Hader agrees to 1-year deal; other arb updates

March 23rd, 2022

PHOENIX -- Josh Hader knows by now that baseball is a business. This year, business threatened to intersect more closely than ever with pitching.

Hader was among nine Brewers players who took care of business before it came to that, agreeing to terms on a one-year contract worth $11 million, a source told MLB.com, to avoid the prospect of an arbitration hearing. Tuesday was the deadline for players and teams to reach an agreement or formally exchange figures -- a formality for some clubs in some seasons, but not for Milwaukee in 2022.

The Brewers had 10 core players eligible for arbitration as of Tuesday morning, including Hader, 2021 National League Cy Young Award winner Corbin Burnes, two-time Opening Day starter Brandon Woodruff and last year’s club MVP, Willy Adames.

All of those players and nine of the 10 overall struck a deal in a single, busy day. The 10th, right-hander Adrian Houser, exchanged figures with the club and he will have an arbitration hearing scheduled for April or May.

“Obviously, the business side is a lot different,” Hader said last week. “You don’t want to put too much focus off of baseball, but at the end of the day, that's [part of] baseball itself.”

Hader’s $11 million salary topped the Brewers’ signees on Tuesday; he will have one more year of club control after this season before reaching free agency.

Here are the other players who signed:

• Woodruff ($6.8 million per MLB.com's Mark Feinsand)

• Burnes ($6.5 million per Feinsand)

• Omar Narváez ($5 million per report from FanSided)

• Adames ($4.6 million per FanSided)

• Brent Suter ($2.7 million per FanSided)

• Luis Urías ($2.55 million per MLB.com source)

• Hunter Renfroe ($7.65 million per Milwaukee Journal Sentinel)

• Eric Lauer ($2.425 million per MLB.com source)

Of those players, only Narváez is on track to reach free agency later this year. The rest all have at least another year of club control beyond 2022.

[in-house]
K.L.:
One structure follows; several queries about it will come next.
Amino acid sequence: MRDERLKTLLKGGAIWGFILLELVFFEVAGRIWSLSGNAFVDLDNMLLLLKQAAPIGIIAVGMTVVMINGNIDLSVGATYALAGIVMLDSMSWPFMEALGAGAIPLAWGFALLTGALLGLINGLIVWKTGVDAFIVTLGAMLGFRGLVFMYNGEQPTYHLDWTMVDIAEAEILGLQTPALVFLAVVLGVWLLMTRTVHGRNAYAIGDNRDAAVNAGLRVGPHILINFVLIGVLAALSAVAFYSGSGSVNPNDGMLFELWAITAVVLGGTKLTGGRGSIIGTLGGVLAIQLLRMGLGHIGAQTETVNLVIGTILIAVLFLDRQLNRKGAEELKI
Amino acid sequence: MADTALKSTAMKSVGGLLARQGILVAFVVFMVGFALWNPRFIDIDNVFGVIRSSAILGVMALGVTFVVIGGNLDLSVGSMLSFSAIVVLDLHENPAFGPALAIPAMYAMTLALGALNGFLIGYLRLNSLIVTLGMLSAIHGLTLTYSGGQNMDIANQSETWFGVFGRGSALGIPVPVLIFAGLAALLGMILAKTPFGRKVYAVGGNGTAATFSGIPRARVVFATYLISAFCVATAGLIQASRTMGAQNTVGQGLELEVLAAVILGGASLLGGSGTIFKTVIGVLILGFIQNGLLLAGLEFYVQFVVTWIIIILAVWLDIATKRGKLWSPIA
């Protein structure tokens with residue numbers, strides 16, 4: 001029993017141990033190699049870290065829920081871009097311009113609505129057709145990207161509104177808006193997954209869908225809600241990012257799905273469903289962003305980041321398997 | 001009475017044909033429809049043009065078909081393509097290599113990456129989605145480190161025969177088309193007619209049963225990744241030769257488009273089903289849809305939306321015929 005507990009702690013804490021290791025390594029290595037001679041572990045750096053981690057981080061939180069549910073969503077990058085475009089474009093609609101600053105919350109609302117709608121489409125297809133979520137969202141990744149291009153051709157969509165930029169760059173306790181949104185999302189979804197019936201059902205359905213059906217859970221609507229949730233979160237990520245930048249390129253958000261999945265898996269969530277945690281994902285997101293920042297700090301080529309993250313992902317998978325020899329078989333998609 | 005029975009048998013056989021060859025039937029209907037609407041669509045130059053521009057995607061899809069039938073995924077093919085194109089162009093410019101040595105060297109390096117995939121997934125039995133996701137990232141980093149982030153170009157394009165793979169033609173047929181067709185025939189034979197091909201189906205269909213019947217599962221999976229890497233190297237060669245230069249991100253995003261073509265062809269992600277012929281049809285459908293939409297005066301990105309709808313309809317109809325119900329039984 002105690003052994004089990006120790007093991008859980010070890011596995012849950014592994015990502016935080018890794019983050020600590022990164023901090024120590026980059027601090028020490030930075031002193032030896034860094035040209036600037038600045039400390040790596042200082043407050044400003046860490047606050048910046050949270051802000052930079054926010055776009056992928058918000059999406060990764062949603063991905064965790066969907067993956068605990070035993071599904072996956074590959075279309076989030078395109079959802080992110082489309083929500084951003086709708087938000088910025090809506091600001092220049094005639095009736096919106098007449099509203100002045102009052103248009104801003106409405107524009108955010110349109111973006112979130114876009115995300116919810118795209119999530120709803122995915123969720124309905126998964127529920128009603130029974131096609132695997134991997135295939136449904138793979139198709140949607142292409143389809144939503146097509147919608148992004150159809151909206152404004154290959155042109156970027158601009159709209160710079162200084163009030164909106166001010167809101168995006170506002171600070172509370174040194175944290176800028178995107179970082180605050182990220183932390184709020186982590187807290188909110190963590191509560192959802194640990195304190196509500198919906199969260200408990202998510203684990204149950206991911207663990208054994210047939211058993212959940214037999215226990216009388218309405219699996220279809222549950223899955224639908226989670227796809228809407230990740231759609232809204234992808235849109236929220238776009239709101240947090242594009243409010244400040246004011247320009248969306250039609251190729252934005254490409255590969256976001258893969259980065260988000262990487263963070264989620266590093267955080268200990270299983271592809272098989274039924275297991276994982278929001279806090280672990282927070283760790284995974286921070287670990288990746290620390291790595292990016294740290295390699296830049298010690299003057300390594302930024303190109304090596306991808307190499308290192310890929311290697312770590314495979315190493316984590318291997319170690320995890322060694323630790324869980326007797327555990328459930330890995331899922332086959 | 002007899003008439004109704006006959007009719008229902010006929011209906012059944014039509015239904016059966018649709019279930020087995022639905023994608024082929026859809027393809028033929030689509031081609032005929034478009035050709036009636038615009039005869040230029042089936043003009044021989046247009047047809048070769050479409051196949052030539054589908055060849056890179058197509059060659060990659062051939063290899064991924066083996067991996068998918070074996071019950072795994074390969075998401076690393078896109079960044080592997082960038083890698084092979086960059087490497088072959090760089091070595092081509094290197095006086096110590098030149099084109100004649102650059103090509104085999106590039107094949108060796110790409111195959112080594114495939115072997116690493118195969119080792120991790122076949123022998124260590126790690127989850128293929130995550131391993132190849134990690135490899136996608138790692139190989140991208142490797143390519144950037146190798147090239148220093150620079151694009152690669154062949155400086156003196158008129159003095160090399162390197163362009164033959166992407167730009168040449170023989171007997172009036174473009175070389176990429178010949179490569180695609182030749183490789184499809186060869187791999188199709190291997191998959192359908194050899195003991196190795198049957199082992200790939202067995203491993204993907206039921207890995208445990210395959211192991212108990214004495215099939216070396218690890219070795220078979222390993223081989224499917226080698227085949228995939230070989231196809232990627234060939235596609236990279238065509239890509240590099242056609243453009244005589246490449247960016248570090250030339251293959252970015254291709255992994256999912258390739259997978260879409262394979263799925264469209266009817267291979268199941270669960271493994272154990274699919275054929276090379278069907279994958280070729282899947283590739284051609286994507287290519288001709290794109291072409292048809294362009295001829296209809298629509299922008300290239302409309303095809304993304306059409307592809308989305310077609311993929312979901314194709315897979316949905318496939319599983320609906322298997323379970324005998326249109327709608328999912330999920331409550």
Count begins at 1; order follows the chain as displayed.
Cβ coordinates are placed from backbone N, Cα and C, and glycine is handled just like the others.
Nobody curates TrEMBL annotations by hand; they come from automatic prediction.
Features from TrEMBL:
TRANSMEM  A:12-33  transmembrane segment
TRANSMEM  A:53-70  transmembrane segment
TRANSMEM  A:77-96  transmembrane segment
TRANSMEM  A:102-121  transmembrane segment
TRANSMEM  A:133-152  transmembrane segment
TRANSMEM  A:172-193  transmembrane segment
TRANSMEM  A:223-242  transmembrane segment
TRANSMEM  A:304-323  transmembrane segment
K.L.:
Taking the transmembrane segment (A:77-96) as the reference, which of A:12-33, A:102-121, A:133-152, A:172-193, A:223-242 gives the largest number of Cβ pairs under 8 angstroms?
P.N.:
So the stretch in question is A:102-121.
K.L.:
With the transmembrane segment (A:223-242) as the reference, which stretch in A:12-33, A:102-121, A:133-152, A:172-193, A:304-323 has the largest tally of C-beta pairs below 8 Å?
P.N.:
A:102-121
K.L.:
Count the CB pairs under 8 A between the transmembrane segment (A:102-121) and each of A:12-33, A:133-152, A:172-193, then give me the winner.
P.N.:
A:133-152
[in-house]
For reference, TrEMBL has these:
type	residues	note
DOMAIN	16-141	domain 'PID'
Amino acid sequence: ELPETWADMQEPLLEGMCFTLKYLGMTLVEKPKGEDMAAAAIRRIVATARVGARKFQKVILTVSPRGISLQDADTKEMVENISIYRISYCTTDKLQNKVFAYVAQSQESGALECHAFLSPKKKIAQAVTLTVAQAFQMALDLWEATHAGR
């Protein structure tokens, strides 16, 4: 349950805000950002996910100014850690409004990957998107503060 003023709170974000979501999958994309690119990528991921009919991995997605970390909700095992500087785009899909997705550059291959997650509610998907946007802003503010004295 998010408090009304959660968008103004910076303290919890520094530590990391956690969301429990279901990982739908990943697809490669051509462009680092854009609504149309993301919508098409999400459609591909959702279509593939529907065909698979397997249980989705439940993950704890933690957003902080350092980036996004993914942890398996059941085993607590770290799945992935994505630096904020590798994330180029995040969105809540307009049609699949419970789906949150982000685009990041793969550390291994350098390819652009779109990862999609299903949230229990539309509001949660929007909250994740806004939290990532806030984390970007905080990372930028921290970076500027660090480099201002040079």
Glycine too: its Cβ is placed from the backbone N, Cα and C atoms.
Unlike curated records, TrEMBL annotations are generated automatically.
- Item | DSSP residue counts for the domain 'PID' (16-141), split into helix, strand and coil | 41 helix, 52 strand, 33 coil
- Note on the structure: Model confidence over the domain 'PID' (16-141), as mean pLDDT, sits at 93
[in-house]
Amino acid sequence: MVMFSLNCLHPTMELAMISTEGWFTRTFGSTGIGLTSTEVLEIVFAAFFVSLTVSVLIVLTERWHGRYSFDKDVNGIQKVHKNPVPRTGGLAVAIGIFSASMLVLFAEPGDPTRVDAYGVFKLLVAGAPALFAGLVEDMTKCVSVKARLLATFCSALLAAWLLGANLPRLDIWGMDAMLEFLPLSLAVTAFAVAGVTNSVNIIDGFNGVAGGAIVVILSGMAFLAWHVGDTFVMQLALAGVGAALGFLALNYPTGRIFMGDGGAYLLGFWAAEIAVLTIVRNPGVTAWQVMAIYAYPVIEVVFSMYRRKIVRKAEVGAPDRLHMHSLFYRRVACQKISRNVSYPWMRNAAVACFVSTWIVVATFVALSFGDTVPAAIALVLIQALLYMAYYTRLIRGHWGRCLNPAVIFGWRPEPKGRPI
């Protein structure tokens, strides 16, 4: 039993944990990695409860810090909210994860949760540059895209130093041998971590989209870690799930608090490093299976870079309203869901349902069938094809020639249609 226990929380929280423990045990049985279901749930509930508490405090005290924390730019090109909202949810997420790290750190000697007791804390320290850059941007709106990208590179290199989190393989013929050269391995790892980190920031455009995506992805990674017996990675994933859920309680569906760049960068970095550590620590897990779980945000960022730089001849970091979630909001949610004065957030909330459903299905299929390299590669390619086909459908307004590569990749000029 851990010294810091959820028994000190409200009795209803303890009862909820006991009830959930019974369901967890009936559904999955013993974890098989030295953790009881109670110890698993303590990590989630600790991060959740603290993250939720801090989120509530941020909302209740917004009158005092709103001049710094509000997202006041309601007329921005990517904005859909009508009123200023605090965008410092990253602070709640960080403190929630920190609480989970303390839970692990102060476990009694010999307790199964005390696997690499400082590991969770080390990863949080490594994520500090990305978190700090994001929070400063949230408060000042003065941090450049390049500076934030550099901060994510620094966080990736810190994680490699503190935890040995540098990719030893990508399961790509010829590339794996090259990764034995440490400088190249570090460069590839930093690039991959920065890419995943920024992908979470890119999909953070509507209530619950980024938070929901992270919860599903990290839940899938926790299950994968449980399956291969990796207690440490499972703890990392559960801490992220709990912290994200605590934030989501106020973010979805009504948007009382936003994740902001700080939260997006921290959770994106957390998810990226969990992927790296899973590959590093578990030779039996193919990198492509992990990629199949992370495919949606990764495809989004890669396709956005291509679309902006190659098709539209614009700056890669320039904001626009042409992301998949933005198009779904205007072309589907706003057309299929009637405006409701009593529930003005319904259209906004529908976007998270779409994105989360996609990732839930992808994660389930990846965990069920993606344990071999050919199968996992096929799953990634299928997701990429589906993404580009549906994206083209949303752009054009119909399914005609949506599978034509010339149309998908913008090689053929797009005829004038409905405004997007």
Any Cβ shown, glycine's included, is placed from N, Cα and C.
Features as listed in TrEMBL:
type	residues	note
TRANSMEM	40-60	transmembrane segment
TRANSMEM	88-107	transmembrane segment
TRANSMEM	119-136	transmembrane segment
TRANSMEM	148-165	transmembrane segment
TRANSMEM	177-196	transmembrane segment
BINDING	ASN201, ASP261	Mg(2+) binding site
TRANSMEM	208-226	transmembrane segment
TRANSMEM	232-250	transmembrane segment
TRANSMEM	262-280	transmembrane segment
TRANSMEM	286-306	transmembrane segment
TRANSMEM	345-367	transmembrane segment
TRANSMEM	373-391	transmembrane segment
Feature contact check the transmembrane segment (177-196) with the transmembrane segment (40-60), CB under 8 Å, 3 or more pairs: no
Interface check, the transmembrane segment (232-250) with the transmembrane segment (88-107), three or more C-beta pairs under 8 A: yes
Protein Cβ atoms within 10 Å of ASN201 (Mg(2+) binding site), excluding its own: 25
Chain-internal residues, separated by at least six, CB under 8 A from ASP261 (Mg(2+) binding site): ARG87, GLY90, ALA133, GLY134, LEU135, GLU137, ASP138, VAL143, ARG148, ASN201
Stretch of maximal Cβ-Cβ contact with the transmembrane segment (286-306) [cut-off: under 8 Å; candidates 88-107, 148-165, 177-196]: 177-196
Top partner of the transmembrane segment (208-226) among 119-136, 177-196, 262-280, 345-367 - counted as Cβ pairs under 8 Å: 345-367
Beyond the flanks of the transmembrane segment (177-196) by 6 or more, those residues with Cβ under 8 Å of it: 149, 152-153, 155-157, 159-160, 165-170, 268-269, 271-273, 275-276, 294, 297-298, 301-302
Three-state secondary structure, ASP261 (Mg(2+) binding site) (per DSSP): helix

Typically, both sides try to strike an agreement before a hearing, and that was especially true given the unique calendar this year, according to Brewers president of baseball operations David Stearns. Hearings put the sides in an uncomfortable setting pitting a team against its own player, with significant dollars on the line.

When Hader went all the way to a hearing in 2020 -- arbitrators ruled his salary should be $4.1 million instead of the $6.4 million he sought -- Hader shared his frustration with what he views as an outdated system that relies on statistics like saves.

Adding to the drama this season, because the process was paused during the lockout, hearings will happen during the season.

“Look, this is a process designed for settlements. That’s what we’re trying to do,” Stearns said. “That was even more so in an unusual circumstance like this, where this is all occurring [parallel to] the preparation to a season, and a potential hearing occurs during a season. That’s not ideal. I think both sides understand that’s not ideal. In all of these negotiations, I thought our side and the agents across the board all worked really hard to find common ground here. And we were able to do that in nine out of 10.”

Stearns doesn’t speak publicly about the Brewers’ policy for a player like Houser, who remains in arbitration after figures are exchanged. For a time, including before Stearns came to the organization in 2015, it was believed the Brewers were a “file and trial” or “file and go” team, meaning that if the sides got to the point of filing figures, then it meant going all the way to a hearing.

But there have been exceptions. For example, Suter’s representatives and the Brewers exchanged figures in 2020, but then compromised with a two-year deal before the hearing date.

“If we end up in a hearing,” Stearns said, “we will deal with that when it comes.”

For now, Milwaukee has additional payroll certainty. When baseball resumed, club officials had to use their best guesses for how much salary would be dedicated to Hader, Woodruff, Burnes & Co., while weighing free-agent signings.

The Brewers so far have signed two free agents since the sport resumed: Designated hitter and outfielder Andrew McCutchen for $8.5 million and reliever Brad Boxberger for $2.5 million.

“I think uncertainty is always challenging, and we had a big block of our roster, a big block of our payroll, uncertain about what their salaries were going to be,” Stearns said. “That’s not an ideal way to go through your offseason, but it’s the reality of what we went through this year.”

He added: “It’s healthy for everyone, it’s healthy for the organization, now, for the most part, to know what our payroll is going to be."